The problem with boxes

“So, what do you do?” has become a very hard question to answer.

Having just left the corporate world with its safety net of job titles, roles and responsibilities, divisions and departments, I am now trying to find a way to define not just what I do, but who I am.

I’ve always had this problem. The over-riding theme of my 14 years as an employee was one of trying to find a “me-shaped” box, and failing. I have tried very different jobs, without finding the one that fulfilled me, that let me use my breadth of knowledge, interests and experience.

Recently I have come across two definitions that, when combined, explain who I am - a “t-shaped scanner”.

What a mouthful.

In practice this means that I have a very broad range of interests and knowledge, whilst retaining deep skills in one area (thanks to my Chartered Accountancy qualification).  My bookshelves groan under the weight of tomes on business models, innovation, creative writing, psychology, marketing, productivity, sketching, entrepreneurship and bio-mimicry. Not to mention novels and athlete autobiographies.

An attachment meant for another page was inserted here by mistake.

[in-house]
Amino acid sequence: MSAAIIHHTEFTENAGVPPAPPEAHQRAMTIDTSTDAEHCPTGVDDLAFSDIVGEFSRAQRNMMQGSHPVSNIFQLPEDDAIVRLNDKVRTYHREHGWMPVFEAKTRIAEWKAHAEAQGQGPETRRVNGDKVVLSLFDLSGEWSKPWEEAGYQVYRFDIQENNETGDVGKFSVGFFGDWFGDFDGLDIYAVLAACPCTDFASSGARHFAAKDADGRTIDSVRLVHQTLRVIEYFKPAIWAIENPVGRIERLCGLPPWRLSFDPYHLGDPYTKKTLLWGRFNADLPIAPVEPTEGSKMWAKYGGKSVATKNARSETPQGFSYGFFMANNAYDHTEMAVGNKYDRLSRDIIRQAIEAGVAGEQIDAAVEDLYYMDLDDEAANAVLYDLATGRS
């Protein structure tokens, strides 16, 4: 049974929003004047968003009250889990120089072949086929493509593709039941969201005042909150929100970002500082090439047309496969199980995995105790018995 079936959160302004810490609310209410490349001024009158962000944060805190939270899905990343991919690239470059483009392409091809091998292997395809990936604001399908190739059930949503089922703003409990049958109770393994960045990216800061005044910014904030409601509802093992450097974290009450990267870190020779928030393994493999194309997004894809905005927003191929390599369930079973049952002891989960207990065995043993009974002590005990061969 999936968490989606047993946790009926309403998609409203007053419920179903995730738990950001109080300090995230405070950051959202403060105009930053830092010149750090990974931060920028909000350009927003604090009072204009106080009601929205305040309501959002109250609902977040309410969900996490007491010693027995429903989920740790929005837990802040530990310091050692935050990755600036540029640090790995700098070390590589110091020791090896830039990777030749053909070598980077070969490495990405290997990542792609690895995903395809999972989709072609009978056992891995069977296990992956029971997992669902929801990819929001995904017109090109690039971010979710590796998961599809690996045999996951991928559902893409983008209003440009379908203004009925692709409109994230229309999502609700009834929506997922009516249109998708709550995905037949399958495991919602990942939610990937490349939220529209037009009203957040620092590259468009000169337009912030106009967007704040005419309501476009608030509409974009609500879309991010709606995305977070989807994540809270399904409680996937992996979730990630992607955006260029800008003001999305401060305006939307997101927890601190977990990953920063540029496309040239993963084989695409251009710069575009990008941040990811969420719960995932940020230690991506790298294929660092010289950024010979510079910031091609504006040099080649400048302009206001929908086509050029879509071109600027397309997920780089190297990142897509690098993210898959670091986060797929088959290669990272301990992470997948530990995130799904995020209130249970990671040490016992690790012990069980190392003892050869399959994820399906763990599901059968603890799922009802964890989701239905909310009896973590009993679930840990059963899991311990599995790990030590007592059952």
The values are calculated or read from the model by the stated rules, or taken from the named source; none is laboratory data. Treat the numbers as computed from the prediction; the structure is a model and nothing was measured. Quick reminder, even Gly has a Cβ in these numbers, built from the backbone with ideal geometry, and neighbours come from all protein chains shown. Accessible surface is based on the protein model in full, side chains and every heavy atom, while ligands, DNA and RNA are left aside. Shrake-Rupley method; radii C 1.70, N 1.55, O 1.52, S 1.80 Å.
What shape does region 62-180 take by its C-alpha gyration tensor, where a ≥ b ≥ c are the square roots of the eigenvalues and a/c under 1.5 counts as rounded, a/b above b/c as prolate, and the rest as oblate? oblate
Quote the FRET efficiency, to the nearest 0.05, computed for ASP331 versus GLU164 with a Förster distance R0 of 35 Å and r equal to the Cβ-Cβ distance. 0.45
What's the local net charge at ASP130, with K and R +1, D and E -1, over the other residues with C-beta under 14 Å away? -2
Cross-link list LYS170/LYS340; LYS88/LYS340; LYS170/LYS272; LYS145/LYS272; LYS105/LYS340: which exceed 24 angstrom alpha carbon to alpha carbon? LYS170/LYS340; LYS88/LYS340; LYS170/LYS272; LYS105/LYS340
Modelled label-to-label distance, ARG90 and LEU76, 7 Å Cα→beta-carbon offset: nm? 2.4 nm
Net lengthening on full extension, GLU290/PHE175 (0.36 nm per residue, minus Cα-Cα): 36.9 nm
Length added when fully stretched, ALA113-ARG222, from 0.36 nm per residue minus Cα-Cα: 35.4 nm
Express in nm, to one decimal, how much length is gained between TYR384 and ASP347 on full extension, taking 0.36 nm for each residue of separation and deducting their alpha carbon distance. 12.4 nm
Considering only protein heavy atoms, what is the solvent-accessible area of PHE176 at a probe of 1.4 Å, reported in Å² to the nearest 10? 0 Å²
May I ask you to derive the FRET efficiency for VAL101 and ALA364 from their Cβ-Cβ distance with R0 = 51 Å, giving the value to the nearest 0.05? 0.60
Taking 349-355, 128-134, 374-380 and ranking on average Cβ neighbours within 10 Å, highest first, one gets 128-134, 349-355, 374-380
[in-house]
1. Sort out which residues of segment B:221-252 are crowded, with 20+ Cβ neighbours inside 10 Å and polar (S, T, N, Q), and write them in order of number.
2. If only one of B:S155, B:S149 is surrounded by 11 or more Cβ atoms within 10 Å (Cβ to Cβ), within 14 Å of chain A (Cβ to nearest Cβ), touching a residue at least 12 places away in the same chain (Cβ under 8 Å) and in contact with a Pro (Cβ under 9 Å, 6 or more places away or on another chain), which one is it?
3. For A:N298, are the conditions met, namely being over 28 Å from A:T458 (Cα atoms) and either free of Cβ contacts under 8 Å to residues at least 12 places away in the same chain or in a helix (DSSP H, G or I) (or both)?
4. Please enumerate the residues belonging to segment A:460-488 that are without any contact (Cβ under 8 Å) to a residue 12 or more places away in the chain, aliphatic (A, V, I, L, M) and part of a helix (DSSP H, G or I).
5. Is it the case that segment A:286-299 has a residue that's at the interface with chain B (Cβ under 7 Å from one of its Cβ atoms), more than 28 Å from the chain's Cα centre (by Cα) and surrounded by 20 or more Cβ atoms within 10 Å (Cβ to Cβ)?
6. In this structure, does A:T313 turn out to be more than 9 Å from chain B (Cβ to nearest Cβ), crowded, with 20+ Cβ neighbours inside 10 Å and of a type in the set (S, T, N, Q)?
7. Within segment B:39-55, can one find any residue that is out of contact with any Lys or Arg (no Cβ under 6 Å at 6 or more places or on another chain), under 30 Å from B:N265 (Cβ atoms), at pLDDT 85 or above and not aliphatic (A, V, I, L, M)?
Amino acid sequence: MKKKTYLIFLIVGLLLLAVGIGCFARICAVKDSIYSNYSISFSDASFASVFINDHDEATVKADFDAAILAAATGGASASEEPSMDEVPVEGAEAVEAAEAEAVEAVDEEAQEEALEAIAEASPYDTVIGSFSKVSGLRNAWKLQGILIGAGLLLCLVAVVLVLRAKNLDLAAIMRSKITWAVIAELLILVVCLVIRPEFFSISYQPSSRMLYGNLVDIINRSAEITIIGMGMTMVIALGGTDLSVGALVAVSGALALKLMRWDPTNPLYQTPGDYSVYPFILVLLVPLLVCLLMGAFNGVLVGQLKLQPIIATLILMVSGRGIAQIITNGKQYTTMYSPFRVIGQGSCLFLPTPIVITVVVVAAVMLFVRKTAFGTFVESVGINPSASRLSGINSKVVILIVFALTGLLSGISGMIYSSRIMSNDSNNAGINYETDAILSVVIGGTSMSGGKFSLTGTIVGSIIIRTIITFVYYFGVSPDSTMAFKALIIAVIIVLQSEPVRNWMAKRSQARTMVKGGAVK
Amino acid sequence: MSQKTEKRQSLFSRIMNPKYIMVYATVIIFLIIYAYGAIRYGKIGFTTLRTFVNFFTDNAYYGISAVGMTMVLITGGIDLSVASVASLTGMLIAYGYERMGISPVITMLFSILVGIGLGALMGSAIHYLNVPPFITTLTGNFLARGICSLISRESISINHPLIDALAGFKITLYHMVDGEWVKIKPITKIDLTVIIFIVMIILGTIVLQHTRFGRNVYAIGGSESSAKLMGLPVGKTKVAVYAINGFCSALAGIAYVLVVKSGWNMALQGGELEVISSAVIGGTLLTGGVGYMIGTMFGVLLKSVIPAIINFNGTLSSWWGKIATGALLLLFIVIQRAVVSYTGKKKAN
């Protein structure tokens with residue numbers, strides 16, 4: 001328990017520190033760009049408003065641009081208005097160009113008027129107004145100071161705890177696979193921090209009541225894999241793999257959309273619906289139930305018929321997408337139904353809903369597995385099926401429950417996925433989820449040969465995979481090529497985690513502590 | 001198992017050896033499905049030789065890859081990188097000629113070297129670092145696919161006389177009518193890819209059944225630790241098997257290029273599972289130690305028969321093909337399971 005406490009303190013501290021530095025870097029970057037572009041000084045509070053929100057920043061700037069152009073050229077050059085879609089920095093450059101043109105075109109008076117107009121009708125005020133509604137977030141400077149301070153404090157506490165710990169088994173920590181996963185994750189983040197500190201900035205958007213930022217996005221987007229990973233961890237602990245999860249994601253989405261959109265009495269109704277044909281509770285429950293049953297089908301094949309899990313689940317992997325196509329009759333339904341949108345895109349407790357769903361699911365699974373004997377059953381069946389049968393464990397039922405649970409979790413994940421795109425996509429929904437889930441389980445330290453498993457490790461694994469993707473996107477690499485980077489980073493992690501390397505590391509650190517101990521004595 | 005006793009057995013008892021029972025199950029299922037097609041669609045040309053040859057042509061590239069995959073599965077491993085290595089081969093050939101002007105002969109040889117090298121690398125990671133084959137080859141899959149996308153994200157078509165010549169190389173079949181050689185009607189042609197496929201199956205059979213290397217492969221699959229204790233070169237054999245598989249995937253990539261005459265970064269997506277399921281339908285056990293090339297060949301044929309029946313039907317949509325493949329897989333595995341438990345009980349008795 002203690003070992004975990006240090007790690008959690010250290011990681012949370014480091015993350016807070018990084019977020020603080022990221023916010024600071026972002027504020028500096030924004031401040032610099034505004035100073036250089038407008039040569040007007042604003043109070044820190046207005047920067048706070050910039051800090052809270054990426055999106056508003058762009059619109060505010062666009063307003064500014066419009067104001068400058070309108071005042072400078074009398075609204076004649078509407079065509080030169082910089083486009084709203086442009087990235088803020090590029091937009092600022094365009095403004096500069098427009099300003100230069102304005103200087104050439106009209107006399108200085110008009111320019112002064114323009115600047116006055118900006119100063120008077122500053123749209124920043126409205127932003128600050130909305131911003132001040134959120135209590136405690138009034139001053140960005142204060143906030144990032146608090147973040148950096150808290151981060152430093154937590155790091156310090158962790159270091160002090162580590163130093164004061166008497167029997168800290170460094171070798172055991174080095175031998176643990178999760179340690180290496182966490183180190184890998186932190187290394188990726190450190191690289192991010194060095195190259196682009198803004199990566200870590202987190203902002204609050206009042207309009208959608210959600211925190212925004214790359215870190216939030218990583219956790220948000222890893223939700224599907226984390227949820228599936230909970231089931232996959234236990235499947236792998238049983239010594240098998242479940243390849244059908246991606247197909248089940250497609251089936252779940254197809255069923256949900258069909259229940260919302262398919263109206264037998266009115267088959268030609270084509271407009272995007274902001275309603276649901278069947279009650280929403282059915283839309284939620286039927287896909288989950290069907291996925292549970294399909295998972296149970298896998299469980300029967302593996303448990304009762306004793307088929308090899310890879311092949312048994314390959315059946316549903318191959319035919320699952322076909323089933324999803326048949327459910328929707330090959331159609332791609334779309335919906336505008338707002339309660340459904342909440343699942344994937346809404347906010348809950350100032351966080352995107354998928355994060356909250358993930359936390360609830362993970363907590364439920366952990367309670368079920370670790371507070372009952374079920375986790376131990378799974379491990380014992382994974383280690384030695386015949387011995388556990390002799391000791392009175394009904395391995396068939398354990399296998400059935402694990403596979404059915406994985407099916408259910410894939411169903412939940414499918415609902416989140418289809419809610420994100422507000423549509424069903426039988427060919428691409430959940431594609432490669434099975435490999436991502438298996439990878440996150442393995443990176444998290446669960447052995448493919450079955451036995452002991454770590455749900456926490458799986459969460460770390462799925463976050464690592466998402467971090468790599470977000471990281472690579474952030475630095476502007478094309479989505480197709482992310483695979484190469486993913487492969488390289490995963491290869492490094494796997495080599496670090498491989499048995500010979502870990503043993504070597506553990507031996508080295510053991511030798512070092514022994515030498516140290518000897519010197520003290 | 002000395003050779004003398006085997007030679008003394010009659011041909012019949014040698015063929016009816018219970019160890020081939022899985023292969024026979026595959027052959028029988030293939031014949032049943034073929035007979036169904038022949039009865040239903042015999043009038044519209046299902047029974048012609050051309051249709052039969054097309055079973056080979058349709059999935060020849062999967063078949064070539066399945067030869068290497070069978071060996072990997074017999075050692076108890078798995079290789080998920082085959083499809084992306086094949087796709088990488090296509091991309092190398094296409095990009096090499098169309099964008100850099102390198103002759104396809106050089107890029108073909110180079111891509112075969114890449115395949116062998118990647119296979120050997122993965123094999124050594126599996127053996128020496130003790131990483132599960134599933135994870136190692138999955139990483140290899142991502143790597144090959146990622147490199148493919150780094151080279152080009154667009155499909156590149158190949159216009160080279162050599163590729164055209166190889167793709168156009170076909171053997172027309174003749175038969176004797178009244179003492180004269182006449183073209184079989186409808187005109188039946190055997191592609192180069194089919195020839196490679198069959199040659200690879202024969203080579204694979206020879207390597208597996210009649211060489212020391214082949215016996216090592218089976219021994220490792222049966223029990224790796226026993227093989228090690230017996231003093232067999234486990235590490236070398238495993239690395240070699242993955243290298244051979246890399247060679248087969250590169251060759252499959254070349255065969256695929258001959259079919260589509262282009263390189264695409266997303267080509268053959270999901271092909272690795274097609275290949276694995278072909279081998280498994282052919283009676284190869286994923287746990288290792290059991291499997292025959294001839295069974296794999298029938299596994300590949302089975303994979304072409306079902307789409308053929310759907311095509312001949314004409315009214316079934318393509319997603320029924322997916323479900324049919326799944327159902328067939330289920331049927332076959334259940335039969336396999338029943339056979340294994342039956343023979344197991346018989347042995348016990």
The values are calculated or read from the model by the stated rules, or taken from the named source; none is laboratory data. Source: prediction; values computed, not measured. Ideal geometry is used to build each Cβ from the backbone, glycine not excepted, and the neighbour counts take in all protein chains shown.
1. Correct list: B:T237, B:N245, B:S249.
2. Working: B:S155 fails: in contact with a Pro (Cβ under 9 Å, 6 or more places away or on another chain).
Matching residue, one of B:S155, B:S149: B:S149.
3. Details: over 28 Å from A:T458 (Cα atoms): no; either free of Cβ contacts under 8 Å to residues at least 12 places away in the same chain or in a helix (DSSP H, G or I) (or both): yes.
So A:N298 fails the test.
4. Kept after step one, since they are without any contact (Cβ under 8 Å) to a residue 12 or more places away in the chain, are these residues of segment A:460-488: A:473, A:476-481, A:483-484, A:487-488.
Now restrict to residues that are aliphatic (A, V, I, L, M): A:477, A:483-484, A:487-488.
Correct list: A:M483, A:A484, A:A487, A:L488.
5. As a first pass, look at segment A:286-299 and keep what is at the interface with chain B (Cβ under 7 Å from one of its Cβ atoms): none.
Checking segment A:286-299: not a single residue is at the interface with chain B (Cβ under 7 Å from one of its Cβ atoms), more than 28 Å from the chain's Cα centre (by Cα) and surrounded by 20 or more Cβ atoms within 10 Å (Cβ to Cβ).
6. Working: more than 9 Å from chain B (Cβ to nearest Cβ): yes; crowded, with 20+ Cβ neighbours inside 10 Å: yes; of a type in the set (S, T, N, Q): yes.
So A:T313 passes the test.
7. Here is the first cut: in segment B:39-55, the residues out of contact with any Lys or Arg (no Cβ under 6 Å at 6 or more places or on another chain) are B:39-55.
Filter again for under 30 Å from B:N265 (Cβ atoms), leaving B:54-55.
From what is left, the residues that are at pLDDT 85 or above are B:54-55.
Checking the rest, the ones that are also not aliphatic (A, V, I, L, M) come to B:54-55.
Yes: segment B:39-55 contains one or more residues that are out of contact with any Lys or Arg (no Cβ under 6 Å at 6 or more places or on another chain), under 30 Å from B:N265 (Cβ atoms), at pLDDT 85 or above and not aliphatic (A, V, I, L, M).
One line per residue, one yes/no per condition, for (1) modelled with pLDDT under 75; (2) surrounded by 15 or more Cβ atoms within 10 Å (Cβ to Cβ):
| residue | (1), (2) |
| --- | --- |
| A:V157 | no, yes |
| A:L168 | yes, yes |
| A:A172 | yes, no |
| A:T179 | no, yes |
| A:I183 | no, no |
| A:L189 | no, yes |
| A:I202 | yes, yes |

This breadth of learning and research is important to me. It’s a key part of who I am. I believe that the more I learn the better able I am to apply my skills in the right way, and the more I can help the people I work with.

Whilst this helps me understand myself better, its not (yet) getting me closer to finding that one term – or “unifier” as Ian Sanders’ calls it – that defines me to others.

There are times I’m jealous of those who have a clear calling to a role with a name that people understand – graphic designer, finance director, copywriter – but I have to remain true to who I am, and keep looking for my very own, unique, label.

Suggestions on a postcard please.